Catalina Maria Johnson

International radio broadcaster, bilingual cultural journalist, music curator

The Chamanas’ latest album is NEA.

Dario Lizarraga/Courtesy of the artist

Somewhere between Ciudad Juárez and El Paso, The Chamanaspaint lovely dreamscapes where smooth, romantic ballads redolent of ’70s Mexican pop are touched by psychedelic desert vibes with hues of both Michael Jackson and Juan Gabriel.

The Chamanas’ members and their fronterizo music were born and bred in the richness of the border’s cultural clashes. The band was founded in late 2014 by bassist Manuel Calderón and guitarist Héctor Carreón, who grew up and lived in those two cities on both sides of the Rio Grande. Until the heightened security measures of the post-9/11 world, El Paso and Ciudad Juárez functioned almost as one; their citizens crossed back and forth daily to attend school, go to work or buy groceries and gas.

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With its Spanglish name, the band proudly identifies with the term pocho, often used disparagingly to describe Americanized Mexicans. On its song “Río,” the Latin Grammy-nominated quartet, consisting of Calderón, Carreón, Alejandro Bustillos (drums) and Paulina Reza (vocals), masterfully blends elements from its bilingual, binational and bicultural heritage to create panoramic sonic landscapes with a strange and slightly unsettling beauty.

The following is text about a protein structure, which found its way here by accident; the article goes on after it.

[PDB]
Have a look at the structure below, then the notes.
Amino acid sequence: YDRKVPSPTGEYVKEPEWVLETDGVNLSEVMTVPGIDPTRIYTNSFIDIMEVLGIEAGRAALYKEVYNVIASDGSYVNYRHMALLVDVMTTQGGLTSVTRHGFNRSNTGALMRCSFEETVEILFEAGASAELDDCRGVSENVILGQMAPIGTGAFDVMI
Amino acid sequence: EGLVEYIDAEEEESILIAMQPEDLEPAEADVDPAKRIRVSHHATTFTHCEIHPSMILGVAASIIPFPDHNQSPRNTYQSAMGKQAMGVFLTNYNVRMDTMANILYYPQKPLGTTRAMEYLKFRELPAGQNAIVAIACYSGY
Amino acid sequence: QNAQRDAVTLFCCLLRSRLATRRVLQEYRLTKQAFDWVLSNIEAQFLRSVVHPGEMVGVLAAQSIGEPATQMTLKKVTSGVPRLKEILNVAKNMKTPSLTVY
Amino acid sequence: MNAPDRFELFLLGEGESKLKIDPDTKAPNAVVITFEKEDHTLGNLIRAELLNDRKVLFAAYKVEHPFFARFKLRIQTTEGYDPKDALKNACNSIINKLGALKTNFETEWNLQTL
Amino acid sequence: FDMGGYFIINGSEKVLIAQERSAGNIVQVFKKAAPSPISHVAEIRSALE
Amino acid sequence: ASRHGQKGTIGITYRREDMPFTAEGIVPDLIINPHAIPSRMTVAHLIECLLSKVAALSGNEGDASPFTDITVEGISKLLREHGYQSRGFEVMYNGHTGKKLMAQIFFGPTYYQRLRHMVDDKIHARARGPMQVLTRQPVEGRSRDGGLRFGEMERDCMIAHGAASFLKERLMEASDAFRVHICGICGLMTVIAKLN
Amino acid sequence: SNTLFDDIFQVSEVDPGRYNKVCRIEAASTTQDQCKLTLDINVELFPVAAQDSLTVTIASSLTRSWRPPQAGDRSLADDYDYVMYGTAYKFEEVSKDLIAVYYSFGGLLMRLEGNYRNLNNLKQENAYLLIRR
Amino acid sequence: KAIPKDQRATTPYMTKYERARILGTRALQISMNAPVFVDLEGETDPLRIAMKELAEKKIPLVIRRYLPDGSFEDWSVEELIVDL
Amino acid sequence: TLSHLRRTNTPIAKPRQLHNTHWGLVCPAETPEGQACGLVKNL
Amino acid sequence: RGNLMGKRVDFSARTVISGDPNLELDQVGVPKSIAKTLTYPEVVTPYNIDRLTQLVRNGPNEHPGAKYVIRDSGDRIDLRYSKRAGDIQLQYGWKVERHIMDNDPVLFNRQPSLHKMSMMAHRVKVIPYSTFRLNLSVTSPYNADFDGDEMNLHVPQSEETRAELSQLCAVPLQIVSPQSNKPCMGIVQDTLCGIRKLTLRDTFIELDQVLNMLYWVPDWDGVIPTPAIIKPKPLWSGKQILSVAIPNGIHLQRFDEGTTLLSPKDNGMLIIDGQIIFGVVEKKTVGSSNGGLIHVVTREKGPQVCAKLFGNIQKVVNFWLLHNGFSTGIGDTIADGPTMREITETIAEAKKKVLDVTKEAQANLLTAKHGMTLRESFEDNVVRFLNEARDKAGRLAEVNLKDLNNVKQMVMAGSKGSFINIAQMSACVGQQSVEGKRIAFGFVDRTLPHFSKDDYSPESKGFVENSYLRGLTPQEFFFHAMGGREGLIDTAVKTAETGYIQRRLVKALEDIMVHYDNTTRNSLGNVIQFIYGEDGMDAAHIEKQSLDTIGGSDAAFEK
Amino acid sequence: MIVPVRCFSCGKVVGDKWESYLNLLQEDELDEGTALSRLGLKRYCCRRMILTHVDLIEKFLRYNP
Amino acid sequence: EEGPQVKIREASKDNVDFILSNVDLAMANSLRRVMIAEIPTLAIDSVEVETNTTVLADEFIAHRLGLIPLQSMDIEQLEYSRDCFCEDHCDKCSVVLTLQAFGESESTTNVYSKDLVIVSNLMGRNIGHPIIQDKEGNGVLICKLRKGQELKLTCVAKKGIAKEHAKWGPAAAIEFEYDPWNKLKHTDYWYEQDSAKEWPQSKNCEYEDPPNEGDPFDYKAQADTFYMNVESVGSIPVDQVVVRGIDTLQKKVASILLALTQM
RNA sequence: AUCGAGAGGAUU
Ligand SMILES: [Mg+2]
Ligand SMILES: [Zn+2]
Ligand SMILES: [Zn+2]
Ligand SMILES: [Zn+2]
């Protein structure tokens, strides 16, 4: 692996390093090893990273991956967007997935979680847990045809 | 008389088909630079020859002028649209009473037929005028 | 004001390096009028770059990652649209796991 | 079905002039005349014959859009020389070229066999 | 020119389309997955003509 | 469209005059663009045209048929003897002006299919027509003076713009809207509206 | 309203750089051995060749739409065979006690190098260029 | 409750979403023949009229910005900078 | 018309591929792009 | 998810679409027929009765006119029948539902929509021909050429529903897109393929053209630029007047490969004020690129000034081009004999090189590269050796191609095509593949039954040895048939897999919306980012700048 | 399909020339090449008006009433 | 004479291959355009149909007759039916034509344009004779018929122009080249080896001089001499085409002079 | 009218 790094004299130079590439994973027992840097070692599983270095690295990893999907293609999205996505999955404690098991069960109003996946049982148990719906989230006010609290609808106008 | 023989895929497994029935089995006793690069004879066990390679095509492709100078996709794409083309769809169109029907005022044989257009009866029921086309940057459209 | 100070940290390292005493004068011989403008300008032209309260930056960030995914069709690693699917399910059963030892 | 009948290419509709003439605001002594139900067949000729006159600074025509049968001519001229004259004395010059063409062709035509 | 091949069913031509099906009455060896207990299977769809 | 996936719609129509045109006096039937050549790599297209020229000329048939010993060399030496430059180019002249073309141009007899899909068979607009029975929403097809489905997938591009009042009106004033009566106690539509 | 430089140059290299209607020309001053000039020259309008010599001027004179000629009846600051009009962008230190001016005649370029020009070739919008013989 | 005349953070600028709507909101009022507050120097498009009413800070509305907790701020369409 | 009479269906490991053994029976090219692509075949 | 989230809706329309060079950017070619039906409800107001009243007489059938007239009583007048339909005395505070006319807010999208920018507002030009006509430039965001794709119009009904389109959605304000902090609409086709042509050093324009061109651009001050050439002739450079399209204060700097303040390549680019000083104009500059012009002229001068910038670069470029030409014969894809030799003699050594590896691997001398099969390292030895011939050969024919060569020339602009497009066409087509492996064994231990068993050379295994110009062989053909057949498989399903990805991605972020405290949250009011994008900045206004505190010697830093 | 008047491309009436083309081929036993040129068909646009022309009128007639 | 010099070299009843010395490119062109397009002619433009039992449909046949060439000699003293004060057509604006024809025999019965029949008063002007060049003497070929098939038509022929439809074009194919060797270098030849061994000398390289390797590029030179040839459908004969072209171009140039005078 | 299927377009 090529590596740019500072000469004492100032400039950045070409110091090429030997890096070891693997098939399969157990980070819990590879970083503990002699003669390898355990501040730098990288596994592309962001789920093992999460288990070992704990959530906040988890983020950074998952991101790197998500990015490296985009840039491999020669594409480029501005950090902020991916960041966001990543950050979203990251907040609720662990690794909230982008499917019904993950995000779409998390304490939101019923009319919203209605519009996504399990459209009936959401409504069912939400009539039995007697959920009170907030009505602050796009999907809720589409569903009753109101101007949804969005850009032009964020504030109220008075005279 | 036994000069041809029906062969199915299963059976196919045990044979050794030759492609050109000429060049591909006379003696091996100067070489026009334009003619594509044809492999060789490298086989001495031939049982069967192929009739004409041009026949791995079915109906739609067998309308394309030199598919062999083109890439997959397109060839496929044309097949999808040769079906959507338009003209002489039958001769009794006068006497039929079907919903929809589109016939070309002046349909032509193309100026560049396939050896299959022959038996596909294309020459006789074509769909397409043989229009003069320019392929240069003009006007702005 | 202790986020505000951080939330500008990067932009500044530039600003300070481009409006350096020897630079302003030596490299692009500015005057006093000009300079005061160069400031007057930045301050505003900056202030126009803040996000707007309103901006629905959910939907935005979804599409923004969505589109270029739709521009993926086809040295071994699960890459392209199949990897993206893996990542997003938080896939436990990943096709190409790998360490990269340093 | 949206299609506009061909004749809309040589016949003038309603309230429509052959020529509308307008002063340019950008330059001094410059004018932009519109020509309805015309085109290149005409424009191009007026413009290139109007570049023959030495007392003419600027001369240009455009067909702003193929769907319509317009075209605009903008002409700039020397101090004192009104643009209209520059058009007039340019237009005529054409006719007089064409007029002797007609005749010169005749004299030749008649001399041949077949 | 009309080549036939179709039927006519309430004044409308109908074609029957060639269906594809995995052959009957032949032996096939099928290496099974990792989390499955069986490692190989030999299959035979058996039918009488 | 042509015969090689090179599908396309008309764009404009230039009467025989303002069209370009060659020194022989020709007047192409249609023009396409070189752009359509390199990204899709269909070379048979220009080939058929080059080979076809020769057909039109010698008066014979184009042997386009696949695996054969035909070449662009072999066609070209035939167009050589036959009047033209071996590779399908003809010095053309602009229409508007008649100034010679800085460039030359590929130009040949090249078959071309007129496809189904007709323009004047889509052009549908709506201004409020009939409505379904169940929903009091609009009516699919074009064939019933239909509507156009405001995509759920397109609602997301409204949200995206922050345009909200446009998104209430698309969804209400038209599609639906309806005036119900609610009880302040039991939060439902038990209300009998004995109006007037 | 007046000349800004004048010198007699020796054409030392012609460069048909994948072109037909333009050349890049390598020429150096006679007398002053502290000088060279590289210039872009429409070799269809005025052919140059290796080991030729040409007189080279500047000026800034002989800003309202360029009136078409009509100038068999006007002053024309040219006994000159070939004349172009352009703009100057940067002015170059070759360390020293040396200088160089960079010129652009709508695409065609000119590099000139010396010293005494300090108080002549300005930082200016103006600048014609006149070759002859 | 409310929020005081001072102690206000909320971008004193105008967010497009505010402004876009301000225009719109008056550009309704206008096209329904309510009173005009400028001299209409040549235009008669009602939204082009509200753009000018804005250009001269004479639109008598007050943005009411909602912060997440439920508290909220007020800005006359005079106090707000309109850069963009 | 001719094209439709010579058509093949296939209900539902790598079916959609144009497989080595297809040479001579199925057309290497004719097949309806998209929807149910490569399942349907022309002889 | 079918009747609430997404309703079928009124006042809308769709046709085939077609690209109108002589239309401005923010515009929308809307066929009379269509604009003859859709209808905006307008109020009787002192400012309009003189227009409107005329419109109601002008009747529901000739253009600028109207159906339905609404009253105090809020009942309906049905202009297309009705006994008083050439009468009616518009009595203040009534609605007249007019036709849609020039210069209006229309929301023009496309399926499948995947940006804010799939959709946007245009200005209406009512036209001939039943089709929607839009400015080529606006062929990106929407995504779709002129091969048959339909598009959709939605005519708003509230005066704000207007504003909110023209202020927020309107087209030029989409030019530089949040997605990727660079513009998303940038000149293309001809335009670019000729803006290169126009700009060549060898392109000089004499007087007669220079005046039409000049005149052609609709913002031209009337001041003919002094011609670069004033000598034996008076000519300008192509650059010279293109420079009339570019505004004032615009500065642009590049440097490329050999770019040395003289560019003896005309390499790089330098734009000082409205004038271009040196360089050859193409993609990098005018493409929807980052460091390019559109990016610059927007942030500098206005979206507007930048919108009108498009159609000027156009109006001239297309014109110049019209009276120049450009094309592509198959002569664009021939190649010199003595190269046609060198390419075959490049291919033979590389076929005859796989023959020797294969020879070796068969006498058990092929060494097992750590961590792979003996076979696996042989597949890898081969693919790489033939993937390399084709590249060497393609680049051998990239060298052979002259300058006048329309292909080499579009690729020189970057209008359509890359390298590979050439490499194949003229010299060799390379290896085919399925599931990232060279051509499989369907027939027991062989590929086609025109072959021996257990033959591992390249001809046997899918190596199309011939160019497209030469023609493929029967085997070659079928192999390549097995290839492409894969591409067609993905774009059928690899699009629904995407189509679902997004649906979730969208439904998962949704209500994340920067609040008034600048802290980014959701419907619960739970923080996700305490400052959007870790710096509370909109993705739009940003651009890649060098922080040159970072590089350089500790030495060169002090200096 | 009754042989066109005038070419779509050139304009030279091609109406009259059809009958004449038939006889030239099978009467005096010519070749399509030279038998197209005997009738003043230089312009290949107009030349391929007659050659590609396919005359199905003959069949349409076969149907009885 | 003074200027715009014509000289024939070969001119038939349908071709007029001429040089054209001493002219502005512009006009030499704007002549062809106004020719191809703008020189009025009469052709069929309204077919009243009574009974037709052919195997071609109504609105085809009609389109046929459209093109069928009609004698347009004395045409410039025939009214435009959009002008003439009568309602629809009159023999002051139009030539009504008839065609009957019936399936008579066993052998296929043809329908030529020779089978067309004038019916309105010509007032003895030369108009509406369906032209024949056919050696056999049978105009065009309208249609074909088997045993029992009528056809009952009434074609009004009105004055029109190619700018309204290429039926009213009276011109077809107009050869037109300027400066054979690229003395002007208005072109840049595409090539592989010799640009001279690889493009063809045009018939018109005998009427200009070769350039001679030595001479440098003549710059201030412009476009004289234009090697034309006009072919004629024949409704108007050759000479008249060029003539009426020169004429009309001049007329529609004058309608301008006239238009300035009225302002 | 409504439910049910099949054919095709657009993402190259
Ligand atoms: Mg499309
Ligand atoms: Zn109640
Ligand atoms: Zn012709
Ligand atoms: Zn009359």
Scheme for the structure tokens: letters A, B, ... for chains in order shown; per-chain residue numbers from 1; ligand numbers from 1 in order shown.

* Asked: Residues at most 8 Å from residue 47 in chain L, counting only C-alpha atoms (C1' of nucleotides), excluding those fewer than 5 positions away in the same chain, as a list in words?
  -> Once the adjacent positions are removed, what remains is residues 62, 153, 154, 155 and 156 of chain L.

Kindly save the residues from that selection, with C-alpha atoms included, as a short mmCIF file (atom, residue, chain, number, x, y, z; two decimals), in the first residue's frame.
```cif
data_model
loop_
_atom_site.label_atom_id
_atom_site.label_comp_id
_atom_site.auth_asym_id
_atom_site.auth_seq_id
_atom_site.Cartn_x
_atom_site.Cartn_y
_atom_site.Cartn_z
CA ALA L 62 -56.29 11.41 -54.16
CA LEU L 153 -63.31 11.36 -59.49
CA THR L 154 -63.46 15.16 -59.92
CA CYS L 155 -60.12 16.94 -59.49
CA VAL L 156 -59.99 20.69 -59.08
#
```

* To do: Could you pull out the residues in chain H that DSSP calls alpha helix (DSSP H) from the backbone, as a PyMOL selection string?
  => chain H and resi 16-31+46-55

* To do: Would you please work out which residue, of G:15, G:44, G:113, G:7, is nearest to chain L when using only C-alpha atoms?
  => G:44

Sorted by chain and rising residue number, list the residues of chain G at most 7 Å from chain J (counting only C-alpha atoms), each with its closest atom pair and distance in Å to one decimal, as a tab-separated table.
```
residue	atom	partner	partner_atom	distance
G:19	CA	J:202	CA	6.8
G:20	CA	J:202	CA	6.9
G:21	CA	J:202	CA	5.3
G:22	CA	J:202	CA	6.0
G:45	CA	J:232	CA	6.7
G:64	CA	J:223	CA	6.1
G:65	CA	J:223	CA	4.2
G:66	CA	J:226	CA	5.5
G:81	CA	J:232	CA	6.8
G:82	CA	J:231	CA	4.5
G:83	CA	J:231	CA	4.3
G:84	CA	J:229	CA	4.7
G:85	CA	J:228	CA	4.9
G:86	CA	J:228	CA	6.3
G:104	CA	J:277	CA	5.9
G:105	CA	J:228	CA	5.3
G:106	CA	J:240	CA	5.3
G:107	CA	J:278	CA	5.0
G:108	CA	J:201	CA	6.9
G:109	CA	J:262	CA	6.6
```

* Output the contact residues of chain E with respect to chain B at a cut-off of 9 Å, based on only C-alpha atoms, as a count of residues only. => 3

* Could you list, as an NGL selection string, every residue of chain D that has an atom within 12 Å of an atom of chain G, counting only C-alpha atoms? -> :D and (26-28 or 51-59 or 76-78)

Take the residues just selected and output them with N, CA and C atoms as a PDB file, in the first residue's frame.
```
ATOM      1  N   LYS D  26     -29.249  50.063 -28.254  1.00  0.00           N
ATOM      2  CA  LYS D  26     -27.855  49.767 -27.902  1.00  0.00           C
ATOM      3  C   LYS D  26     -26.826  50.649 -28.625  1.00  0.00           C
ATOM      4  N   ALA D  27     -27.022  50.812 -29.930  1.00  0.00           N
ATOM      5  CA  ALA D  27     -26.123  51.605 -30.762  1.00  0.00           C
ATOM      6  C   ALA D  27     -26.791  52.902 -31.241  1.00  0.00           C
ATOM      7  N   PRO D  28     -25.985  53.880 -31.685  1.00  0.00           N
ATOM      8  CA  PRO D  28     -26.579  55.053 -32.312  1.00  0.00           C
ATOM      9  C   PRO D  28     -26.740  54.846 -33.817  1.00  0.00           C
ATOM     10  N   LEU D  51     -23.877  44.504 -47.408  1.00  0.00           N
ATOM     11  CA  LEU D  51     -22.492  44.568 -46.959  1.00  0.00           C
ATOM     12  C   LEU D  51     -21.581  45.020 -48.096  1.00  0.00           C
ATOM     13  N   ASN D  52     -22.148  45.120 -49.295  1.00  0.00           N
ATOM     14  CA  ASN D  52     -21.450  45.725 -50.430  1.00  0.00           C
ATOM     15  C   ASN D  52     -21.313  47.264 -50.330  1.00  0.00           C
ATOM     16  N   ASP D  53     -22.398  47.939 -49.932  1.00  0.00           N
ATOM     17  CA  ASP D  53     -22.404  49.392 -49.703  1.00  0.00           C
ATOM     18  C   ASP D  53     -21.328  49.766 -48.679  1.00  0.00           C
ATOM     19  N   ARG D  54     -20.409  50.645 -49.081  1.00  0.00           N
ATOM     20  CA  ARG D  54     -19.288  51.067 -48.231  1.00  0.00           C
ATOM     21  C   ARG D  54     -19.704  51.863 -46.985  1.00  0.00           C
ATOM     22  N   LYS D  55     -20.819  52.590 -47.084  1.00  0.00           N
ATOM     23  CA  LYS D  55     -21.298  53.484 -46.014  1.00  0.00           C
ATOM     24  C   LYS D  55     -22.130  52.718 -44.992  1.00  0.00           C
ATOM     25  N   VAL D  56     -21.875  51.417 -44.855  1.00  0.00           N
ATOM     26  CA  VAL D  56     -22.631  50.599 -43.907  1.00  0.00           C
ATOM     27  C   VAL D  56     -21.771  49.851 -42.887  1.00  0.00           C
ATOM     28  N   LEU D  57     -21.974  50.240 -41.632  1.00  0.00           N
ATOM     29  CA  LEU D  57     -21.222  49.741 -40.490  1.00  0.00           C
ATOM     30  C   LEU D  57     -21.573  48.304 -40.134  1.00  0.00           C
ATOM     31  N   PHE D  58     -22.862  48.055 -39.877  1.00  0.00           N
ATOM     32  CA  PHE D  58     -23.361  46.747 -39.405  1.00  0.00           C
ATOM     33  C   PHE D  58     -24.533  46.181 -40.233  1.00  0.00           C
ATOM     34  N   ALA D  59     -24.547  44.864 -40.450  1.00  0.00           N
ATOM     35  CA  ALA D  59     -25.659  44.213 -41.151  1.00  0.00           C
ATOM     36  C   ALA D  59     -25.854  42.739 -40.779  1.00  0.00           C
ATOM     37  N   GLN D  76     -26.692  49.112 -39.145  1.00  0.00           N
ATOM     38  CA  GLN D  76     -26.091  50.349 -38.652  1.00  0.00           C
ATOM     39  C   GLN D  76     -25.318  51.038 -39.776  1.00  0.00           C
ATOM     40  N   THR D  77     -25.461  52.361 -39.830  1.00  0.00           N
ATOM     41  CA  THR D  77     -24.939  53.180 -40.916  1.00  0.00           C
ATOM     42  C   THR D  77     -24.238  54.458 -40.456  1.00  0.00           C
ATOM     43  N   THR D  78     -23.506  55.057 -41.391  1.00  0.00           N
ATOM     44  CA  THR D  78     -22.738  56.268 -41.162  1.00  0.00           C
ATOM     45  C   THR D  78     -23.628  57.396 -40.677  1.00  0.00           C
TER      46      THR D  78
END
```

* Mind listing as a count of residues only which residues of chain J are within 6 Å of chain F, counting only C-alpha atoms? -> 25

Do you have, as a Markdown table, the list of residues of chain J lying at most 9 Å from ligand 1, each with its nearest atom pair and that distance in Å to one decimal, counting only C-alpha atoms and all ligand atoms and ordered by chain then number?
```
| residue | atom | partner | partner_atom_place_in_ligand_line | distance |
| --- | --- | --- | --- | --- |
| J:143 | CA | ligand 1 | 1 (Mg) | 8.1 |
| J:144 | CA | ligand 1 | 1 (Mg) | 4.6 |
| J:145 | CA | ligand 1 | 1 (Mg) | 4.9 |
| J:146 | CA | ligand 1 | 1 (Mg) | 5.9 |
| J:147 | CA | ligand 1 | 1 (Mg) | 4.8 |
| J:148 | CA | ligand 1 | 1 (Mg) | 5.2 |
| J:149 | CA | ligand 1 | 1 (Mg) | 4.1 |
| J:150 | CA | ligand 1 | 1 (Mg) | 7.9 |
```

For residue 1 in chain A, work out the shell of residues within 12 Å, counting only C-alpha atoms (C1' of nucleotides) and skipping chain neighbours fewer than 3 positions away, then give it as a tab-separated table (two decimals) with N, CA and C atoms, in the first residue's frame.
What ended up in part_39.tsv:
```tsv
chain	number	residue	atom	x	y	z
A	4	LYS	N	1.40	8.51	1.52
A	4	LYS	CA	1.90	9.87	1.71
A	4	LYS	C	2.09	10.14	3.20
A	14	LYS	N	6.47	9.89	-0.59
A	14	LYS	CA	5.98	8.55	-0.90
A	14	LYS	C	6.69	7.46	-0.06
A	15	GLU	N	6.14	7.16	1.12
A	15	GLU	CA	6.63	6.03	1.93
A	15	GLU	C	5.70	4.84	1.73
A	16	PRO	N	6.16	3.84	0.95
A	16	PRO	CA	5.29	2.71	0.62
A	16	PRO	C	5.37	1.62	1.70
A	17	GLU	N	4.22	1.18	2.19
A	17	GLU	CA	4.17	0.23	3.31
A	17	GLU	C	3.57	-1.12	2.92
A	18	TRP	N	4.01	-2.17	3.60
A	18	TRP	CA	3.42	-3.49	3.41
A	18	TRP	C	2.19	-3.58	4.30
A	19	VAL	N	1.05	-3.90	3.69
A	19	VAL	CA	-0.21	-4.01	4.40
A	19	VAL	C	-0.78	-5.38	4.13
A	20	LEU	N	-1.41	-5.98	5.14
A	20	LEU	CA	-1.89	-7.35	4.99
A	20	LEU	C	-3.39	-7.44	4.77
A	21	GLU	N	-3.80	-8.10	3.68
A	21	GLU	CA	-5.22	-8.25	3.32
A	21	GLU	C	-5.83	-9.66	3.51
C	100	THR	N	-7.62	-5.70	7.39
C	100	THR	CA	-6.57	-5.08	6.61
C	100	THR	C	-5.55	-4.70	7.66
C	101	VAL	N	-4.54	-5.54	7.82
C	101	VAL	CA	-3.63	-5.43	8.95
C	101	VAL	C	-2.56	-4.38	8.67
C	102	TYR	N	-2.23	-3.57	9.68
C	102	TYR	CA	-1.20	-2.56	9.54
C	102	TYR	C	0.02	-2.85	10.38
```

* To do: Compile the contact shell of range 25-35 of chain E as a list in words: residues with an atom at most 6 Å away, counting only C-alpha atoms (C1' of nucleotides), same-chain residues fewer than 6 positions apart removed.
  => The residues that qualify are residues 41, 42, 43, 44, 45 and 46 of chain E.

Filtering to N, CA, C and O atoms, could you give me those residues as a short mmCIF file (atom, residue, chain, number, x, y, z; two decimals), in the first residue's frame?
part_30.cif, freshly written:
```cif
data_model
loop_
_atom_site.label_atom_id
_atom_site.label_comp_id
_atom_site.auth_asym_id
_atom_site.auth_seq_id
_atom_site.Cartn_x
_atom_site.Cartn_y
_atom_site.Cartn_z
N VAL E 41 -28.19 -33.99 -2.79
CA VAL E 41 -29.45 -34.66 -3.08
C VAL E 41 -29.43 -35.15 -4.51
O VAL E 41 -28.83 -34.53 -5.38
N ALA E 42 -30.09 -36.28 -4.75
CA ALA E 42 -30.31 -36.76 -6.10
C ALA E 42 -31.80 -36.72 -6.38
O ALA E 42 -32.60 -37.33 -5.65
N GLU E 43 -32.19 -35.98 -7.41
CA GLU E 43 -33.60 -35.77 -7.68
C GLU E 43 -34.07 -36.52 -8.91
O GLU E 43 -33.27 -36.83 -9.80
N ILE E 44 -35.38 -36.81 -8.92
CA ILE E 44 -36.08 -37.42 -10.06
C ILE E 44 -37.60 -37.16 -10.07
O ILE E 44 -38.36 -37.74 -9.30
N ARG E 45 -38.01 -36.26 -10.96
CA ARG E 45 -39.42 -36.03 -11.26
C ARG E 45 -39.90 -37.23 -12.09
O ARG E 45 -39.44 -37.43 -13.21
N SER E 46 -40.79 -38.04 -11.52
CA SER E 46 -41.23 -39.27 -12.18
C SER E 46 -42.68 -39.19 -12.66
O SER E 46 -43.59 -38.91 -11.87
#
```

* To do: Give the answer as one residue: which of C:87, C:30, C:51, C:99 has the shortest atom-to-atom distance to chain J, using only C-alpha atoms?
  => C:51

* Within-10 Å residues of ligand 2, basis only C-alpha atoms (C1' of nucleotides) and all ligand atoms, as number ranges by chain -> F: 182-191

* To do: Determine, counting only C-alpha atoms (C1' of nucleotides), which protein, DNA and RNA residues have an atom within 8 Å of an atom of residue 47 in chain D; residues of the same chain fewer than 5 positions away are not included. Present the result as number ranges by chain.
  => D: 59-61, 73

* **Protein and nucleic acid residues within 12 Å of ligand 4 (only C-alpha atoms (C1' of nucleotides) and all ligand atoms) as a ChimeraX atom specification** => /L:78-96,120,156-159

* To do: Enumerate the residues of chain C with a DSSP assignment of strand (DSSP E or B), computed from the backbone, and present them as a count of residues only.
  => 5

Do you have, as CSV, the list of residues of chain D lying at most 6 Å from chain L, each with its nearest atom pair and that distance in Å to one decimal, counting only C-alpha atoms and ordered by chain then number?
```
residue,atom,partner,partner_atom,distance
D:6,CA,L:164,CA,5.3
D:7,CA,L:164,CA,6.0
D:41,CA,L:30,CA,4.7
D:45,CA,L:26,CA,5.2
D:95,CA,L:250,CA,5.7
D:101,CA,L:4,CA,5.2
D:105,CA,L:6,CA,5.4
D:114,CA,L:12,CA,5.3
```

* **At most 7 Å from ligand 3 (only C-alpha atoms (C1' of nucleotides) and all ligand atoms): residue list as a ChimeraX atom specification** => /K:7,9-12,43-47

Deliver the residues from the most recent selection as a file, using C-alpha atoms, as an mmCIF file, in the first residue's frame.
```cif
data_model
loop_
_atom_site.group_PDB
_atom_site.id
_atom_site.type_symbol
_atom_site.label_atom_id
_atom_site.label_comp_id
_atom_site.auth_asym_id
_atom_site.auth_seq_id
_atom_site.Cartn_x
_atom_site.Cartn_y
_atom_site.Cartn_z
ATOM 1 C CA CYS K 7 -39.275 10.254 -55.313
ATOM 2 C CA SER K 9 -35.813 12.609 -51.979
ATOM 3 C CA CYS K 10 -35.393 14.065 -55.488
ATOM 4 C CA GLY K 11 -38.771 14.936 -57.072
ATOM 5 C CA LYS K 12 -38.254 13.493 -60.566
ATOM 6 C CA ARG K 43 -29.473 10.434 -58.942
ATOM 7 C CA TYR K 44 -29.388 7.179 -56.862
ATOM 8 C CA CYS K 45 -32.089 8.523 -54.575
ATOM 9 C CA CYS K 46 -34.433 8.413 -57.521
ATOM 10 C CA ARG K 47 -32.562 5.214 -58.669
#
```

Like many citizens of border cities, the members of The Chamanas have lost friends and family to the violence; the songs on the band’s album NEA are often melancholic around the edges. Nevertheless, the songs are also imbued with the hope that comes from determinedly moving beyond the darkness and into the light. In “Río,” the most markedly political song on the new album, dark notes surround dreamy vocals that seem suspended in time and space. The Chamanas sing of crossing the river and feeling the fear in every step, but declare nonetheless: “They think they can separate us, but we won’t let them.”


NEA is available now on Cosmica Records.

This post was originally published in NPR’s Alt Latino.